Coffee-husk tea, served to us by the Hamer tribe of the Omo, Ethiopia
Coffee Shop, Hanoi, Vietnam
Coffee has perhaps the largest number of addicts in the world, if alcohol is more often used to disastrous effect. And traveling with something of an addict myself (Derek always travels with packets of 3-in-1, dissolvable in room temperature water), I’m well aware of individuals’ need for a coffee fix. Morocco, where we are now, has perhaps the highest public coffee consumption we’ve seen outside of the American workplace (where, in a most sinister fashion, coffee is the only beverage offered to employees for free). Ethiopia, the home of coffee, fittingly has the most developed brewing ritual. One legend apparently has it that coffee was first brewed by an Ethiopian monk, who had met a goatherd that followed his goats in trying the berries, and came to discover their energy-giving power. The monk, believing the fruit to be evil, threw the fruit in the fire. Upon smelling the delicious roast, he was tempted to try it himself, and eventually grew to appreciate the drink’s ability to focus and prolong his prayers!
British woman enjoying a cocktail
An ever-common site–drunk Asian businessmen, Hong Kong
A very wise Touareg explained to us in Timbuktu that the Islamic prohibition against alcohol was something for man’s own good. “It doesn’t affect or harm God if you drink–it isn’t personally important to him–he just says you shouldn’t drink for your own benefit.” Indeed, many of the rules of Islam and other religions can be explained this way, that they are designed to create a harmonious and peaceful society, rather than to delineate what constitutes a sort of cosmic evil, or sin.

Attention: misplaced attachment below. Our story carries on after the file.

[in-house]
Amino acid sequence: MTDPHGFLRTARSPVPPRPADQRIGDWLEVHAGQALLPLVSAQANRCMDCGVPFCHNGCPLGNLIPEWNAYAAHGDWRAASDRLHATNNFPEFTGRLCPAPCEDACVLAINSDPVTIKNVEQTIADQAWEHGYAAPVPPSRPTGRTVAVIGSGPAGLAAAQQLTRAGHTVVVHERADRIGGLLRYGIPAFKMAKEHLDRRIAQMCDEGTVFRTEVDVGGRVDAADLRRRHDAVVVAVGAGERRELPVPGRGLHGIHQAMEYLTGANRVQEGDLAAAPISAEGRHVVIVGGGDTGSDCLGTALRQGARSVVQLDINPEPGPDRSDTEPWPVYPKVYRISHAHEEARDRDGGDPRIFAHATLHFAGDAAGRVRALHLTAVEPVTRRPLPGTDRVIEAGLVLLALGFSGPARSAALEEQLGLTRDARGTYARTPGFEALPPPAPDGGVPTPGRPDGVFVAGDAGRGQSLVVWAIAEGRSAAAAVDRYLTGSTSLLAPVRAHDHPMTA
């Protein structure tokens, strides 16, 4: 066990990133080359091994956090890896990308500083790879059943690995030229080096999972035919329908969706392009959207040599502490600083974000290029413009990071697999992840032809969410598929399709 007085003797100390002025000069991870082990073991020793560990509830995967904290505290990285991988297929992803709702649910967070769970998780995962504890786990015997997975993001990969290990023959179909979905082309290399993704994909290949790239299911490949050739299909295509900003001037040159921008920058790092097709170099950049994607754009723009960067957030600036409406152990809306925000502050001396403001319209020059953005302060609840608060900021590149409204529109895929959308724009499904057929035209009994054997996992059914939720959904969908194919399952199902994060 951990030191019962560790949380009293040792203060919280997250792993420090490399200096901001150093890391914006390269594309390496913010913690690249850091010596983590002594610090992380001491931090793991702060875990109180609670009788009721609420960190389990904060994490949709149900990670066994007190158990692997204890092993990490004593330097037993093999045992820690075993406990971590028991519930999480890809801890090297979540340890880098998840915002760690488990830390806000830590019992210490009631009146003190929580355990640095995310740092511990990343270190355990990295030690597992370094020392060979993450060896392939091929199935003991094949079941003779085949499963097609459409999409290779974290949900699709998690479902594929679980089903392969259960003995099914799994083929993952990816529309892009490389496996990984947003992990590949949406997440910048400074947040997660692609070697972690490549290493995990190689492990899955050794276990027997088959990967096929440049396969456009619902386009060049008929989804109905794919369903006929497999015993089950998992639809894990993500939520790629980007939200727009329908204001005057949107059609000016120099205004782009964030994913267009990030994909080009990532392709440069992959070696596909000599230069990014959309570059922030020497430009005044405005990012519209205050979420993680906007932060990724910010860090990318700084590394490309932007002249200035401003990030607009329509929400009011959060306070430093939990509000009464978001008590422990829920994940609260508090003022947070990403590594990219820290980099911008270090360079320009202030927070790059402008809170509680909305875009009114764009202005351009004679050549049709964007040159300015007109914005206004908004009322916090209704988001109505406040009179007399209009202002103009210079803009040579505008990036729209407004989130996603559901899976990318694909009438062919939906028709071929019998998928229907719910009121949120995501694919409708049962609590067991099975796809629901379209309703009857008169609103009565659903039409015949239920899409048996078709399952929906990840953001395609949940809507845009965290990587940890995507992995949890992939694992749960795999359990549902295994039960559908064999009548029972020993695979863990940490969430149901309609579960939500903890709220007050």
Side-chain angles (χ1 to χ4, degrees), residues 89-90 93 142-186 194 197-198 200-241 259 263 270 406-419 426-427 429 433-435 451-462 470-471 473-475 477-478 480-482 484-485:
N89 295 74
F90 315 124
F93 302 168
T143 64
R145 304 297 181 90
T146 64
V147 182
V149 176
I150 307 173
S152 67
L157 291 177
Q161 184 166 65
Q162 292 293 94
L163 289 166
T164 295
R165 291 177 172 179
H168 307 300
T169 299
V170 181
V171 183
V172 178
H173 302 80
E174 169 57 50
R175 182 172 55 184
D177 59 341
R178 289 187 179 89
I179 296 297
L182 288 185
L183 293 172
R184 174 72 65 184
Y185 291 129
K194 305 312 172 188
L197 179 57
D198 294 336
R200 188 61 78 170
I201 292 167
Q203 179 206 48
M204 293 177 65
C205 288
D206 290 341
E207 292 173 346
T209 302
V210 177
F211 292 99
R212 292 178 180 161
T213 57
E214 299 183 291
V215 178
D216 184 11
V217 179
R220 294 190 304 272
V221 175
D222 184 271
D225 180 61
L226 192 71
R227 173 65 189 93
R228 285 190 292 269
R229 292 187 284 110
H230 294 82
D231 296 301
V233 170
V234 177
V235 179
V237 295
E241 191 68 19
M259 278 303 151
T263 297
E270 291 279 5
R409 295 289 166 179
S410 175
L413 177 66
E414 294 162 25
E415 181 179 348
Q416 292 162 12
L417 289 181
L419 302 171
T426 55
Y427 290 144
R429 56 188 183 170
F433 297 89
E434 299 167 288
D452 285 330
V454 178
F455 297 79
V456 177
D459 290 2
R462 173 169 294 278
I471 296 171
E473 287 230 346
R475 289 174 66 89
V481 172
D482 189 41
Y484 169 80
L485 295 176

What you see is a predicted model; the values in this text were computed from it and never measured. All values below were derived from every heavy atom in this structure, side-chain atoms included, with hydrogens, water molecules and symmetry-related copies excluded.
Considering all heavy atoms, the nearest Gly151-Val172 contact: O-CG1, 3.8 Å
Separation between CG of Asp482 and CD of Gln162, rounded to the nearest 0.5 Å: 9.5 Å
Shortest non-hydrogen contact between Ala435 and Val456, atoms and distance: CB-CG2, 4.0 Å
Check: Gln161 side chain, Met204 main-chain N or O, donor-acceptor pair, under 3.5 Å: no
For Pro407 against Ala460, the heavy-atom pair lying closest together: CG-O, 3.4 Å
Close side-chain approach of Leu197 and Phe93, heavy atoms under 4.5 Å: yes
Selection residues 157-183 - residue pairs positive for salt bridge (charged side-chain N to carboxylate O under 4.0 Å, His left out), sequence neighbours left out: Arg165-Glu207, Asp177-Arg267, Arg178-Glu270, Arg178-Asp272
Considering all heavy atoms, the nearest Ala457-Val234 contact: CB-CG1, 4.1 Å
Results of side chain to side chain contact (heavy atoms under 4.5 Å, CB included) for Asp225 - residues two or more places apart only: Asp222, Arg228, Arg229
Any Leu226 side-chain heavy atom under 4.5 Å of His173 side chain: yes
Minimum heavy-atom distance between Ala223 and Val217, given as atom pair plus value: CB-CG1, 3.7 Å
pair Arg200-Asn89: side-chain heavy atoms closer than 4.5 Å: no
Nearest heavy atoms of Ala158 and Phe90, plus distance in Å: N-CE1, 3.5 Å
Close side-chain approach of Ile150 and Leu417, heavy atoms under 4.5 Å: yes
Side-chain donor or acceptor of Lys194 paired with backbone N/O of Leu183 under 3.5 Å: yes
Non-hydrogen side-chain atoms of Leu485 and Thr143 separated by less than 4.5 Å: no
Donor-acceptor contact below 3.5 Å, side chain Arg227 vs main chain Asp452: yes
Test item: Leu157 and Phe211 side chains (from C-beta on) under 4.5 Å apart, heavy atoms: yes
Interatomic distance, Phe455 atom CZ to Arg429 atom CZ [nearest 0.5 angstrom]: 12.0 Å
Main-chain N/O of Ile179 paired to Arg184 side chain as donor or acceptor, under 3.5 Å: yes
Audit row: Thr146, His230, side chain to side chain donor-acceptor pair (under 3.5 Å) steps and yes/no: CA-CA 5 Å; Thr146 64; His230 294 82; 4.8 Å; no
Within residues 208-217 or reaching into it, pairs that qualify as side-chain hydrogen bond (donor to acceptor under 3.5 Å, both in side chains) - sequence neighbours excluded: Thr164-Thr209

The absence of alcohol is perhaps one of the greatest easily noticeable differences between the Muslim world and the West or Far East. By avoiding alcohol, the Muslim world certainly avoids some of the greatest social ills of other, alcohol-laden parts of the world. Almost all cities in the Muslim world feel incredibly safe, especially at night, relative to American or European cities, largely because they are free of drunks whose erratic behavior can result in conflict and violence. In the major East Asian cities after sundown, drunken office workers are a common sight; in the West, so much of adult social life revolves around bars and inebriation. I will never forget the first “festival” we attended in the Arab world, and how family-friendly it was, largely due to the absence of alcohol. On the other hand, I also understand the role of alcohol as social lubrication, in places such as East Asia where workplace relations can otherwise be very hierarchical and tense, or in the promotion of the mixing of genders (or single-sex pairings, in the case of homosexuals), that most natural human activity. Is trying to ban alcohol from adult social life perhaps as futile and senseless as banning other natural behaviors, such as sexuality? But, of course, many parts of the Muslim world also attempt this, to greater or lesser success.